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MOONWALKIN’ IN THE BRIAR PATCH

 

By Regina N. Barnett

Saturday, July 17, 2010

 

My parents had all the vinyl, tapes, CDs, and even bootleg (later years, with Invicible) that MJ produced.  My house was a subject in the Jackson kingdom.  Plagued in later years by personal strife that reflected in his lack of music production towards the end of his career, Jackson, unfortunately, got lost in the shuffle...er, moonwalk.While I thoroughly enjoy his talent as an artist, I've always been intrigued by his versatility as an artist and the lessons he invoked with his lyrical content. Besides Br'er Rabbit 'nem, Michael Jackson quite possibly could be one of the best Tricksters that ever did it.  


The trickster figure in folklore uses his wits and cunning to remove himself from difficult situations, to teach a lesson, or instill awareness to those around him. (In this case) He was unable to be restricted to a rigid space and often found comfort (and identity) in difficult situations. The Br'er (Brother) stories/fables often showcased the antics of Br'er Rabbit, the original "one-upper."  In slave stories, Br'er Rabbit not only outwitted his fellow animals but also the white farmer, whom he taunted consistently and fervently.  

In "Tar Baby," Br'er Rabbit is tricked by Farmer (or Brer Fox or Bear, depending on the adaptation) and gets stuck to a tar baby (doll made out of tar).  Facing death, Br'er Rabbit begs and pleads for his captors not to throw him into the nearby thorny briar patch because it would be a tortuous demise.  Pleased with the thought of (finally) harming Br'er Rabbit, Farmer throws him into the briar patch waiting to hear the sounds of Br'er Rabbit's slow death.  Instead, Farmer hears Rabbit's laughter and taunting, stating his comfort in his birthplace, and escapes. 

While the briar patch suggests a problematic, often impossible space to navigate, Br'er Rabbit signifies the ability to do so.  Br'er Rabbit was a folk hero, able to do the impossible - get over on the white man. His creation and comfort to navigate those spaces speak to the black experience in white America and slaves desire to rebel against the social hierarchy that viewed them as inferior.    

Toni Morrison's Tar Baby (1981) stretches the Tar Baby plantation story to construct and contextualize black masculinity. Morrison creates her own Br'er Rabbit in Son, a young black man who manipulates both racial and gender spaces on a plantation on La Isles de Chevaliers and New York in order to progress and survive.  Son performs whatever role is placed on him - charmer, bad nigger, buck, abuser, man-child.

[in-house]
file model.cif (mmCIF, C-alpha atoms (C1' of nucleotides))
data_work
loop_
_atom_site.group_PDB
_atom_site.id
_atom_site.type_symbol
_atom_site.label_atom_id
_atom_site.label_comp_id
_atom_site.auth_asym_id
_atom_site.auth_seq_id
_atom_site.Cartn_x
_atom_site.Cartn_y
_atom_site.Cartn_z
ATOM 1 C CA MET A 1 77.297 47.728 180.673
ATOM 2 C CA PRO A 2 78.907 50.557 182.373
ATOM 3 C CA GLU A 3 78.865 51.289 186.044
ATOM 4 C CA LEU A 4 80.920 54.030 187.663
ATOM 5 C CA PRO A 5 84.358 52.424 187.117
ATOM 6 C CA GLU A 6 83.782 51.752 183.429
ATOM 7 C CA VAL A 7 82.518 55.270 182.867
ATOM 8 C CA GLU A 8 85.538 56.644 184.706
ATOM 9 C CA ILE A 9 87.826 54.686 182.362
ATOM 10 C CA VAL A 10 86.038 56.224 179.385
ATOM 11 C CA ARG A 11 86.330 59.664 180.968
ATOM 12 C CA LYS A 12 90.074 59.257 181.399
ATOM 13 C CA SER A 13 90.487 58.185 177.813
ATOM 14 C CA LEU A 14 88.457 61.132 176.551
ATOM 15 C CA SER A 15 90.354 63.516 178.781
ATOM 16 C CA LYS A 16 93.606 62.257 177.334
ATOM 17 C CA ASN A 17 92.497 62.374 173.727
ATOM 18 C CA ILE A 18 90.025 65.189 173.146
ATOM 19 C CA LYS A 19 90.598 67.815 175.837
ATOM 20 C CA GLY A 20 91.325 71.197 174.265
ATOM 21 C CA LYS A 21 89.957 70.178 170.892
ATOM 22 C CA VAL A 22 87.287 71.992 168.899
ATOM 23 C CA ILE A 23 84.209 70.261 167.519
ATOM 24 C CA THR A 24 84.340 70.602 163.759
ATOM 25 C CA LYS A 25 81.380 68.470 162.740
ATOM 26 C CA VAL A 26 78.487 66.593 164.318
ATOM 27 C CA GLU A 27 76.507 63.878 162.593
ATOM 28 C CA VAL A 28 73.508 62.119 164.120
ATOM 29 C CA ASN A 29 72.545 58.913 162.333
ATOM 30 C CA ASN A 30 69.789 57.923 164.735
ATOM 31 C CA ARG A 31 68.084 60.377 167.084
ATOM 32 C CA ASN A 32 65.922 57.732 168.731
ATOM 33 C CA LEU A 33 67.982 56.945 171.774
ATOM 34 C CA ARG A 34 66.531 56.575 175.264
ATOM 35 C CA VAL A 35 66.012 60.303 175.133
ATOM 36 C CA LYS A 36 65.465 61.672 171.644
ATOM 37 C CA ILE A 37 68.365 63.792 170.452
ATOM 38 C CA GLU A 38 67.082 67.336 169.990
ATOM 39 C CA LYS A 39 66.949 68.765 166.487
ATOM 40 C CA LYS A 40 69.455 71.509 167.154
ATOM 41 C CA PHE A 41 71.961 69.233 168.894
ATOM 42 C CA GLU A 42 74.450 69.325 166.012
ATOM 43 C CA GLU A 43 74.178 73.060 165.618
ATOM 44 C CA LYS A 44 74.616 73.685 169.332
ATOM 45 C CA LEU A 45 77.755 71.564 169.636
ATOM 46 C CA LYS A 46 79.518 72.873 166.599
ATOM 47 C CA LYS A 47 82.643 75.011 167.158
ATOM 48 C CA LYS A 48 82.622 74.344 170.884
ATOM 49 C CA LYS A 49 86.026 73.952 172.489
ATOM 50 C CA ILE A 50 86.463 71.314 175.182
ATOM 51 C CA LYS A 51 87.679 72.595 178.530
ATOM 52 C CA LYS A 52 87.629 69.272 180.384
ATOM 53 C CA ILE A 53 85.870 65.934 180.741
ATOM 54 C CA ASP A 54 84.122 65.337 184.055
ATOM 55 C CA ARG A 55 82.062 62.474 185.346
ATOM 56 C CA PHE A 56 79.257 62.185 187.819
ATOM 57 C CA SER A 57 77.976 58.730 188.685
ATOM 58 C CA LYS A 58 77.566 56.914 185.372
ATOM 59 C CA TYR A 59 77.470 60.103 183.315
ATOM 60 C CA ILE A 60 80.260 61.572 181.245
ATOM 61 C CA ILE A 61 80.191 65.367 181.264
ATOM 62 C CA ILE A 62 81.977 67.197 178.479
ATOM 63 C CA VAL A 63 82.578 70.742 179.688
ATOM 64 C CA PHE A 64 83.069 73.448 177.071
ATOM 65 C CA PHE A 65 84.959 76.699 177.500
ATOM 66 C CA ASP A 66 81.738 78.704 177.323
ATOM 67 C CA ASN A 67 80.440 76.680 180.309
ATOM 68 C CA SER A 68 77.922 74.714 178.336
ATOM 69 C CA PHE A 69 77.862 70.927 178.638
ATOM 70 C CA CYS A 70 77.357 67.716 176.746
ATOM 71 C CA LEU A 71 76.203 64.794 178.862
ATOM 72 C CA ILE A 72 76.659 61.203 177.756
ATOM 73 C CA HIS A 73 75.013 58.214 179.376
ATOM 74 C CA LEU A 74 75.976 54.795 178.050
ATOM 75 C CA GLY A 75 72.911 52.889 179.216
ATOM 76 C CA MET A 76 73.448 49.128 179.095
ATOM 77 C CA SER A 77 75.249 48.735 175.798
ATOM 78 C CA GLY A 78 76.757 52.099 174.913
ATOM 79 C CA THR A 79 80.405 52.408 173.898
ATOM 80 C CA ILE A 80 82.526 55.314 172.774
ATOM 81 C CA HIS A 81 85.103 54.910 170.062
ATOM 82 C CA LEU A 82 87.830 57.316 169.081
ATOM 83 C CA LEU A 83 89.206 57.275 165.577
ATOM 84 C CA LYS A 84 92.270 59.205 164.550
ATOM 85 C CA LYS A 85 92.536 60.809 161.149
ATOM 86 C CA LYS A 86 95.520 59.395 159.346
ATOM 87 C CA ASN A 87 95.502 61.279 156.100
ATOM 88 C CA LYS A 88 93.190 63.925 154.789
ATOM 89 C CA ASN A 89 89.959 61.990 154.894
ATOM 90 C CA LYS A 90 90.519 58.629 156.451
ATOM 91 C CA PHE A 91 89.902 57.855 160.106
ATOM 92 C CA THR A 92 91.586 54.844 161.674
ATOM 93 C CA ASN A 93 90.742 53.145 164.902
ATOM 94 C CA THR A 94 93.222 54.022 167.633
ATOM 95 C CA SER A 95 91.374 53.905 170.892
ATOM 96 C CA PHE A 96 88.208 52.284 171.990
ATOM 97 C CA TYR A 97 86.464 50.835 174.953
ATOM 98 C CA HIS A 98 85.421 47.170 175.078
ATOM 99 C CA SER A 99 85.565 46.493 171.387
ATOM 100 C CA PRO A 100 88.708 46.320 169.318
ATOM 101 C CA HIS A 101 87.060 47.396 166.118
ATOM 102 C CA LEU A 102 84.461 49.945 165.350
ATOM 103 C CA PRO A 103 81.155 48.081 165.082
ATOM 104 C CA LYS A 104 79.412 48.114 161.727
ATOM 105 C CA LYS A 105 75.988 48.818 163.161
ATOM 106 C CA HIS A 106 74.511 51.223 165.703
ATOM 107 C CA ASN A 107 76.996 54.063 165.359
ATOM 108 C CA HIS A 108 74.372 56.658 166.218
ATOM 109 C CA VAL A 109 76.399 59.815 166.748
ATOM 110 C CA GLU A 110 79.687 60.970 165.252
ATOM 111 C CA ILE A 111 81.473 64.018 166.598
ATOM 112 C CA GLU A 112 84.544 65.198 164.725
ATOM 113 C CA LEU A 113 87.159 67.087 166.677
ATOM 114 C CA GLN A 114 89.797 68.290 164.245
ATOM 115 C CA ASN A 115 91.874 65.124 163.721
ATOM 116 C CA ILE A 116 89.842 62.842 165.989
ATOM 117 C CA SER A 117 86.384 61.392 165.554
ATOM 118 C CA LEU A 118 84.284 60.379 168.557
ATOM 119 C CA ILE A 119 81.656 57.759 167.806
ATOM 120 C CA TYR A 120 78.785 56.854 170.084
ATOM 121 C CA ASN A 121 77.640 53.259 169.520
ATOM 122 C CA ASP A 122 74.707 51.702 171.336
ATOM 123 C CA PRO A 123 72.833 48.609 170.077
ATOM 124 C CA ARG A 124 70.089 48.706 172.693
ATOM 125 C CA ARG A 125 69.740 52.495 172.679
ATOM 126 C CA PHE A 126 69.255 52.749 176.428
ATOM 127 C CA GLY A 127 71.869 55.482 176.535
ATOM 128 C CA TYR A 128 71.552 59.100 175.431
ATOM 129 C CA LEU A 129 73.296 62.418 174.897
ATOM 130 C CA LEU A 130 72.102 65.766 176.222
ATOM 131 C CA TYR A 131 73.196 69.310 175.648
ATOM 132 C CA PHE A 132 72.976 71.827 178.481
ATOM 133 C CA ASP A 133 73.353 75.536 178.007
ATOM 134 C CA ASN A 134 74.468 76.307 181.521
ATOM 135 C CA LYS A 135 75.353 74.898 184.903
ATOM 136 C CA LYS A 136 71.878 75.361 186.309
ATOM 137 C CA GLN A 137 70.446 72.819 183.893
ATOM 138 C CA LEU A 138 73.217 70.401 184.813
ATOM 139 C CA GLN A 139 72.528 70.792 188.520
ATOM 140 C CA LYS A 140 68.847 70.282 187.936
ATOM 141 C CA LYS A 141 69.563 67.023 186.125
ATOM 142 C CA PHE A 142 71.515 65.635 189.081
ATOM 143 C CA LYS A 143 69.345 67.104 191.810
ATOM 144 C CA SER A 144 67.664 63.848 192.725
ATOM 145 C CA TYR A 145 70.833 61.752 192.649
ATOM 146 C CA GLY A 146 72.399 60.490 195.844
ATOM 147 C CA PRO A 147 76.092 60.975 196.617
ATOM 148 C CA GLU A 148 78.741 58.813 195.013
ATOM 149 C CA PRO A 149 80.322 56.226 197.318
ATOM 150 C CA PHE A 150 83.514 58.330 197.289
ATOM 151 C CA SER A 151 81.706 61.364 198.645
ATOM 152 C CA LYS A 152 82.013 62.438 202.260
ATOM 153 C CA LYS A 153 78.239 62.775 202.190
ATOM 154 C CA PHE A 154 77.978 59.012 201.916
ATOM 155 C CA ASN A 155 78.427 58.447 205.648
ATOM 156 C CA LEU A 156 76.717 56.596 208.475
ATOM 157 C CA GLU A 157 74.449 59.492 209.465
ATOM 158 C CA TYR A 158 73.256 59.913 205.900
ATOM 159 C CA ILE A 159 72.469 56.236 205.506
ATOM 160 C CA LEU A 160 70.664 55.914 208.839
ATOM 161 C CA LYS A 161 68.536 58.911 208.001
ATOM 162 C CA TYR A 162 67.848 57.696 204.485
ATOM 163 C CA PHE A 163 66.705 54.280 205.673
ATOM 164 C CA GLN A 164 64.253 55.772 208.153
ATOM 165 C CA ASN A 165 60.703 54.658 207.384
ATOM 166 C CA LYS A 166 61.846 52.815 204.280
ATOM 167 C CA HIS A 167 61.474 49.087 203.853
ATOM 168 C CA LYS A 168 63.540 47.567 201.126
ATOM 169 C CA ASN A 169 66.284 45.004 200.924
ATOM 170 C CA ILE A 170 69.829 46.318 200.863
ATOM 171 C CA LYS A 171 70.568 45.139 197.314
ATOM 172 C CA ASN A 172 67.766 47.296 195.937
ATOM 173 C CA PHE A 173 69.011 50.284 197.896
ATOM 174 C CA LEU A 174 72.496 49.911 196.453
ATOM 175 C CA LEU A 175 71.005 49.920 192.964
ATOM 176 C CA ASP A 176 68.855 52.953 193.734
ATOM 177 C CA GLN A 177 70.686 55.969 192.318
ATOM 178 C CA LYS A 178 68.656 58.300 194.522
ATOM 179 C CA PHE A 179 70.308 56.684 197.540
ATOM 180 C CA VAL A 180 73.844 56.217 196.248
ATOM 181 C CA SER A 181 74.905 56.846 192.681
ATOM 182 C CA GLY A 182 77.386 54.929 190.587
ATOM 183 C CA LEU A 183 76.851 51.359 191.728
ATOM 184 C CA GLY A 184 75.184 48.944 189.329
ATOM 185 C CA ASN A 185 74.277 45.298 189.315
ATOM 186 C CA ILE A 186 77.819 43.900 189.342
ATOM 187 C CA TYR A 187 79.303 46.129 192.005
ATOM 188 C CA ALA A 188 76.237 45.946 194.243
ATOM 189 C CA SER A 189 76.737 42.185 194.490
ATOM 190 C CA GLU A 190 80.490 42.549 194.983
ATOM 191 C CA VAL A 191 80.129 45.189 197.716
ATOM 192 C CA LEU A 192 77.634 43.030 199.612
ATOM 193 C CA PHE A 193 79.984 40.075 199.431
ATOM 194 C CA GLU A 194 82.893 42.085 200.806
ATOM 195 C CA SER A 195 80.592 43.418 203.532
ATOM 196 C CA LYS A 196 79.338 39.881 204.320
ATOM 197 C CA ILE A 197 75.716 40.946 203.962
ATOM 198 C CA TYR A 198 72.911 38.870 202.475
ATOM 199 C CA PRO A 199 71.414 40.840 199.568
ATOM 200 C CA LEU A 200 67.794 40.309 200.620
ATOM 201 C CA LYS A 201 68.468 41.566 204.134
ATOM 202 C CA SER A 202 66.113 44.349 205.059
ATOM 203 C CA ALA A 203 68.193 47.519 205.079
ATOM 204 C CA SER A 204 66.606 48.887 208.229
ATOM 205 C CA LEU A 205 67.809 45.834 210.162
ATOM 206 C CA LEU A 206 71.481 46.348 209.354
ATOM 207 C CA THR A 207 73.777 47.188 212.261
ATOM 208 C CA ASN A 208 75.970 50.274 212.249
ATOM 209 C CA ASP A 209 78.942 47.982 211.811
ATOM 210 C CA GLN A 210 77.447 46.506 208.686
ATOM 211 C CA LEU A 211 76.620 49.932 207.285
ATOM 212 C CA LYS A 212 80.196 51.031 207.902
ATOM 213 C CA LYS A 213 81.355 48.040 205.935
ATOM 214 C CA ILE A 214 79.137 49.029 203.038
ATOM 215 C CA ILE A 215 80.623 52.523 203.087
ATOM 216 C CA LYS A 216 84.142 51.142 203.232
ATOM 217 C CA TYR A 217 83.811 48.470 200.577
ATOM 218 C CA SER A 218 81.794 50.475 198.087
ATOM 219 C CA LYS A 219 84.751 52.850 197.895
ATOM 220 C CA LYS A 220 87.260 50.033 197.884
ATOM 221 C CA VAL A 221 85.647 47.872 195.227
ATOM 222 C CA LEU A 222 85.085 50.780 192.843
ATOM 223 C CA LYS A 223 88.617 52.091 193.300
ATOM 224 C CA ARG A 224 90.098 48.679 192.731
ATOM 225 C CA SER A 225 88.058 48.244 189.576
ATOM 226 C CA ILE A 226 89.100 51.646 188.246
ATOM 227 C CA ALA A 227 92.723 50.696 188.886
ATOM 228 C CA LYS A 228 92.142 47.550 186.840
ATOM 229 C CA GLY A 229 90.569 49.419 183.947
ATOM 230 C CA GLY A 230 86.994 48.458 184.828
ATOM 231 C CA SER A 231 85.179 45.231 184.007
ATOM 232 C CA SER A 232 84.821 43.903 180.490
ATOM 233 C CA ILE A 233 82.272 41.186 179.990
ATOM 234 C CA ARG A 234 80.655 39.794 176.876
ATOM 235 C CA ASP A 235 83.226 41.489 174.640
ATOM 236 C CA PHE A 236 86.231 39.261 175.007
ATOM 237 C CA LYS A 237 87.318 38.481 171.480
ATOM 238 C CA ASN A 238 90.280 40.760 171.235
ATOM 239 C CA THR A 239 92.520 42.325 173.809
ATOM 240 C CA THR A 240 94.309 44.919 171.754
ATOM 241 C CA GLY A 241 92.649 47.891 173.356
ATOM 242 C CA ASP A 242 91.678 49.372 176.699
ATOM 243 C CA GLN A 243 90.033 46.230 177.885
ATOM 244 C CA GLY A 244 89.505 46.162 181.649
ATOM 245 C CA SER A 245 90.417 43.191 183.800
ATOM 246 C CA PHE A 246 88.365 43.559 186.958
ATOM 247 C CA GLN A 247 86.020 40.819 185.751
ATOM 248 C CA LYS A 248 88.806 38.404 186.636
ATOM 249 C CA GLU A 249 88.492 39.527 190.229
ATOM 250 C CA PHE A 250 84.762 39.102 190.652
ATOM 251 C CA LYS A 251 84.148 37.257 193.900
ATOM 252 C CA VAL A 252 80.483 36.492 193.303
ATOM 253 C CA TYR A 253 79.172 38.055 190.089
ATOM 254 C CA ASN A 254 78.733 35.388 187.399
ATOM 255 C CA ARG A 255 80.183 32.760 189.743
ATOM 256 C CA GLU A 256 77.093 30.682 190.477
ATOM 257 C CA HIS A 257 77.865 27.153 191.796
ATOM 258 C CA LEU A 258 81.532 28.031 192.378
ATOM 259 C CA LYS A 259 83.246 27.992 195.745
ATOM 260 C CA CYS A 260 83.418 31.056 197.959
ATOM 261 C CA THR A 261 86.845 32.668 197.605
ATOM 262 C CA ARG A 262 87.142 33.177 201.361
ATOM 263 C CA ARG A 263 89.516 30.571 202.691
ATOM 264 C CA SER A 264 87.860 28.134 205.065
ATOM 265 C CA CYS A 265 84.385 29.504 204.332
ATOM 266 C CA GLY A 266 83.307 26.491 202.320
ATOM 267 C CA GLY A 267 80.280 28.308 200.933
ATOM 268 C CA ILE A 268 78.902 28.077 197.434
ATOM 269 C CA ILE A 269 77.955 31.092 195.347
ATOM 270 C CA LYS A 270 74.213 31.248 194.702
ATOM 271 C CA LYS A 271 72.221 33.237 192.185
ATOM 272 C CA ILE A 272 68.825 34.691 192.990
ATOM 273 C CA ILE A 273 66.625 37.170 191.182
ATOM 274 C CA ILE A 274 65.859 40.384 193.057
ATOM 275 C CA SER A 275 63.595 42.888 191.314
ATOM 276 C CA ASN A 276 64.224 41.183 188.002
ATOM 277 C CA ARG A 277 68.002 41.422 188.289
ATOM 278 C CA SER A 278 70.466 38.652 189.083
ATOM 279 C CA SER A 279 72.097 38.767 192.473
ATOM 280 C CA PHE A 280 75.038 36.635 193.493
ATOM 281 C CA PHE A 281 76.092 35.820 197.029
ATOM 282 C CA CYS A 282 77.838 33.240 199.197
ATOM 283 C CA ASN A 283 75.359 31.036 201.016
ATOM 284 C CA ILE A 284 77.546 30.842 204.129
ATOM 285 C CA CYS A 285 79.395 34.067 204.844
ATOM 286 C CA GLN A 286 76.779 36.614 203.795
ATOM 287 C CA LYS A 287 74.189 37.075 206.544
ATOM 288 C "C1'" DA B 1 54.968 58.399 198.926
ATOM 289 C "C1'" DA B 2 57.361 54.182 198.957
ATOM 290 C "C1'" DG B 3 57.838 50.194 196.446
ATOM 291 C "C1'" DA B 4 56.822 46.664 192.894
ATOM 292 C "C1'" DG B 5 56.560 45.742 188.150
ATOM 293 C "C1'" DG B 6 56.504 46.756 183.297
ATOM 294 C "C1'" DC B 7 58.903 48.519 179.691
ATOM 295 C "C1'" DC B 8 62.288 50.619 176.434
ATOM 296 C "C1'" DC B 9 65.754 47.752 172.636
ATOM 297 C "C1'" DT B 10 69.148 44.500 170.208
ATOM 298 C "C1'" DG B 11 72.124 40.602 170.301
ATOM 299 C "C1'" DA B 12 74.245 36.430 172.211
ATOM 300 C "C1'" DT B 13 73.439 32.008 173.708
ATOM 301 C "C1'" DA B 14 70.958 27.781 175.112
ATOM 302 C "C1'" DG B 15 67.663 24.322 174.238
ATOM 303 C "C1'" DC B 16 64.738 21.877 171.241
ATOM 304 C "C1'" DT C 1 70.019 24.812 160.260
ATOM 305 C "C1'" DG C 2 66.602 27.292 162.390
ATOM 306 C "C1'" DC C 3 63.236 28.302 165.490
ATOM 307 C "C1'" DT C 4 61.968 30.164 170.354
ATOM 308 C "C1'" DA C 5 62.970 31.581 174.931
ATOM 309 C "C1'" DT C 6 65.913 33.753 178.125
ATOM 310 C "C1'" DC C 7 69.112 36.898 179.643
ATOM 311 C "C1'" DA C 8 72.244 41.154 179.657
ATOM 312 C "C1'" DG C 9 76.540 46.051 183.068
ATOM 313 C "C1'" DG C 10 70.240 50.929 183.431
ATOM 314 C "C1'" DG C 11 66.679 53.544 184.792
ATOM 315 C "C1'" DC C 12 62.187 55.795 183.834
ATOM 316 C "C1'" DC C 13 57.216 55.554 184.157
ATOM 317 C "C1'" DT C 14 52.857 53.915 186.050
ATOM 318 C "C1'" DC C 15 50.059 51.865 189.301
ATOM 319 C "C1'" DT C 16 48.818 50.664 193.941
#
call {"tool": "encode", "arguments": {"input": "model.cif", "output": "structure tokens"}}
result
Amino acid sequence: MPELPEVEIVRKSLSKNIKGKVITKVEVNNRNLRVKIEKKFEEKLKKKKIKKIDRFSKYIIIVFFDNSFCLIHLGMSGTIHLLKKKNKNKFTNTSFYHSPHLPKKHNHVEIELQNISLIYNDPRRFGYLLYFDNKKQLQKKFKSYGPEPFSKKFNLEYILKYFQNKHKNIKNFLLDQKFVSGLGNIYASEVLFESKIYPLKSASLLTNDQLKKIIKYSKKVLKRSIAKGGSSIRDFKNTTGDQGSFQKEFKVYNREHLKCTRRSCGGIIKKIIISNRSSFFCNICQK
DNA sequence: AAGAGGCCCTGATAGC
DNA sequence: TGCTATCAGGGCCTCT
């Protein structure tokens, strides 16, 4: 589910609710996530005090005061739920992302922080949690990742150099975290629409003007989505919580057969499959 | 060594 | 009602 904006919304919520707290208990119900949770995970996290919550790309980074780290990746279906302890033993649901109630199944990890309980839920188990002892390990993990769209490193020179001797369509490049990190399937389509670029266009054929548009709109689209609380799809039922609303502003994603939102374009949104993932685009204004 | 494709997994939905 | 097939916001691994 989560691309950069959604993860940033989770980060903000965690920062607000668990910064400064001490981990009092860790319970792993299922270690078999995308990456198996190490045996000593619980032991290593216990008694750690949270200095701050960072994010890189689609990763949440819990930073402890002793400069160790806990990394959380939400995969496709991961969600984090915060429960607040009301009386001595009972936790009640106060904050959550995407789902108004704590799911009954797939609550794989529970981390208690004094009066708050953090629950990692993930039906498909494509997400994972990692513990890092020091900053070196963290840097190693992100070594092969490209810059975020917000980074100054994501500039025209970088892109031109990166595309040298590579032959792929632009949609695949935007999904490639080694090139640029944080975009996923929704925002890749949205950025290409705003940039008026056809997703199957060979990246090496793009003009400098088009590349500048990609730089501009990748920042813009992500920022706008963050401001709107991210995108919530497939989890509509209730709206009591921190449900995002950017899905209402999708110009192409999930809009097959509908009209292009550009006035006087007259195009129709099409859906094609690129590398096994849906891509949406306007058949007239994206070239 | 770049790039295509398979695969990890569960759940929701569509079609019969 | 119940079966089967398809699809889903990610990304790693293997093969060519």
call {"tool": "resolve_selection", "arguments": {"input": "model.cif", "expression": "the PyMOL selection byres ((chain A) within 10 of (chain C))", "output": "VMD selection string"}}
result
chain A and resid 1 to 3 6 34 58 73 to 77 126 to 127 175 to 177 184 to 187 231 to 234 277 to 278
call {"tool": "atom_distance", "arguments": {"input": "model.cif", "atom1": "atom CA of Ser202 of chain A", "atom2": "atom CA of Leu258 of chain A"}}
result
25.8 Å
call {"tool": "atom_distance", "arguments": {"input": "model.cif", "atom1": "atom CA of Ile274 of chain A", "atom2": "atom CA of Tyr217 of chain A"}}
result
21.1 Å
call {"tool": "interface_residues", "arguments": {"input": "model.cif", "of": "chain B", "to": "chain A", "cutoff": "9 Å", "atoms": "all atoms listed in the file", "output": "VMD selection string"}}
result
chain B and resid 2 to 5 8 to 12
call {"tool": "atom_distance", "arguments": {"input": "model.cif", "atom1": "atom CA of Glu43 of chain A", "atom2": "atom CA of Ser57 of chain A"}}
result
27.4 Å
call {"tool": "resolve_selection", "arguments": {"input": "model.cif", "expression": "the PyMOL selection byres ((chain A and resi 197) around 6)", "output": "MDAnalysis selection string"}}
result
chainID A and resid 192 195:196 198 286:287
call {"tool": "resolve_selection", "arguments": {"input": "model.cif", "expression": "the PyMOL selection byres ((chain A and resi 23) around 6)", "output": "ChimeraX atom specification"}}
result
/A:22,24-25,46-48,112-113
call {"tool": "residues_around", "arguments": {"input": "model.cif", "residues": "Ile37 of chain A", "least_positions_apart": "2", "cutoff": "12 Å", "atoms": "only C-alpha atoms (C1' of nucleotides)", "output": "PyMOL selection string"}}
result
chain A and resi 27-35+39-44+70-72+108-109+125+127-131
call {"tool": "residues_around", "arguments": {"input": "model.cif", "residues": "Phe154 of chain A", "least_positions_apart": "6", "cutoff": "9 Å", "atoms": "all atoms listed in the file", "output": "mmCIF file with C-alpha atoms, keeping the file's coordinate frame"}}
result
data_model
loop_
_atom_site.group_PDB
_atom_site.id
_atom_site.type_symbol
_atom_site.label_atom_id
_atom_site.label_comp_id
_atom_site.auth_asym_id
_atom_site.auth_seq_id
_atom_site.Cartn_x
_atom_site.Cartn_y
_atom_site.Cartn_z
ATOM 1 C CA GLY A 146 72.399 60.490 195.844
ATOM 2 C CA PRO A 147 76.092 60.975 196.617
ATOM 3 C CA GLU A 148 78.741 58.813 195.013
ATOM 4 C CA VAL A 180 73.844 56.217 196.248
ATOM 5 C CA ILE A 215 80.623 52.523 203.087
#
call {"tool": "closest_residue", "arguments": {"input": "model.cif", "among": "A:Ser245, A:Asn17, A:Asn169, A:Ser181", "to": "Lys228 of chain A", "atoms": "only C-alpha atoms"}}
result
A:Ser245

Michael Jackson both aggrandized and fell victim to these spaces. Through one lens, Jackson transcended both his blackness and even genre to become the King of Pop Music.  I guess King of R&B was being held hostage by Bobby Brown at the time of crowning. MJ's ability to blend and deconstruct musical genres to produce a new sound or concept only rivaled the genius of Prince.  Jackson pushed the envelope, refusing to be restricted to static indicators of black music.  Collaborations with artists ranging from Mick Jagger and Paul McCartney to Guns N' Roses Slash shook the spirit, captivated the mind, and left the listener breathless.

Even though Jackson catered his music to all people, I can't help but think about the trajectory of his music in terms of blackness and his masculinity. An inherent need to understand and self-create his manhood reflected throughout his career: "Beat It," "Billie Jean," "Dirty Diana," "Bad," and "Remember the Time" only sample how Jackson positioned himself as a dual performer (as a singer and as a black man).  "Remember the Time," an aesthetic marvel, also paid homage to Jackson's "lost" blackness thought to be voided out of Jackson's life and career.

While his music experimentation blasted him into unrivalled greatness, Jackson's fame was his tar baby and personal life his briar patch.  The strictness and severity of father Joe Jackson while prepping the Jackson 5 in Gary, Indiana to allegations of child abuse in his adult life seeped through Jackson's music and his identity.  He navigated these spaces through his music and interviews fawning the desire for privacy as well as utilizing the media's relentlessness to bring awareness to his politics and humanitarian efforts. 

Jackson whisked through the thorns and bobbles, straight to an untimely demise June 25, 2009. And, similar fashion to Br'er Rabbit, blazed a trail and didn't look back. 

Keep moonwalkin' through the Briar Patch, Br'er Michael.

Regina N. Barnett is a doctoral student in African American Literature and Culture, at Florida State University. She earned her MA in African American Studies from Indiana University Bloomington. Currently, her research interests include performance and gender identity, popular black culture, late 20th and 21st century black literature, and Hip Hop.

Ms Barnett blogs at Red Clay Scholar.

 

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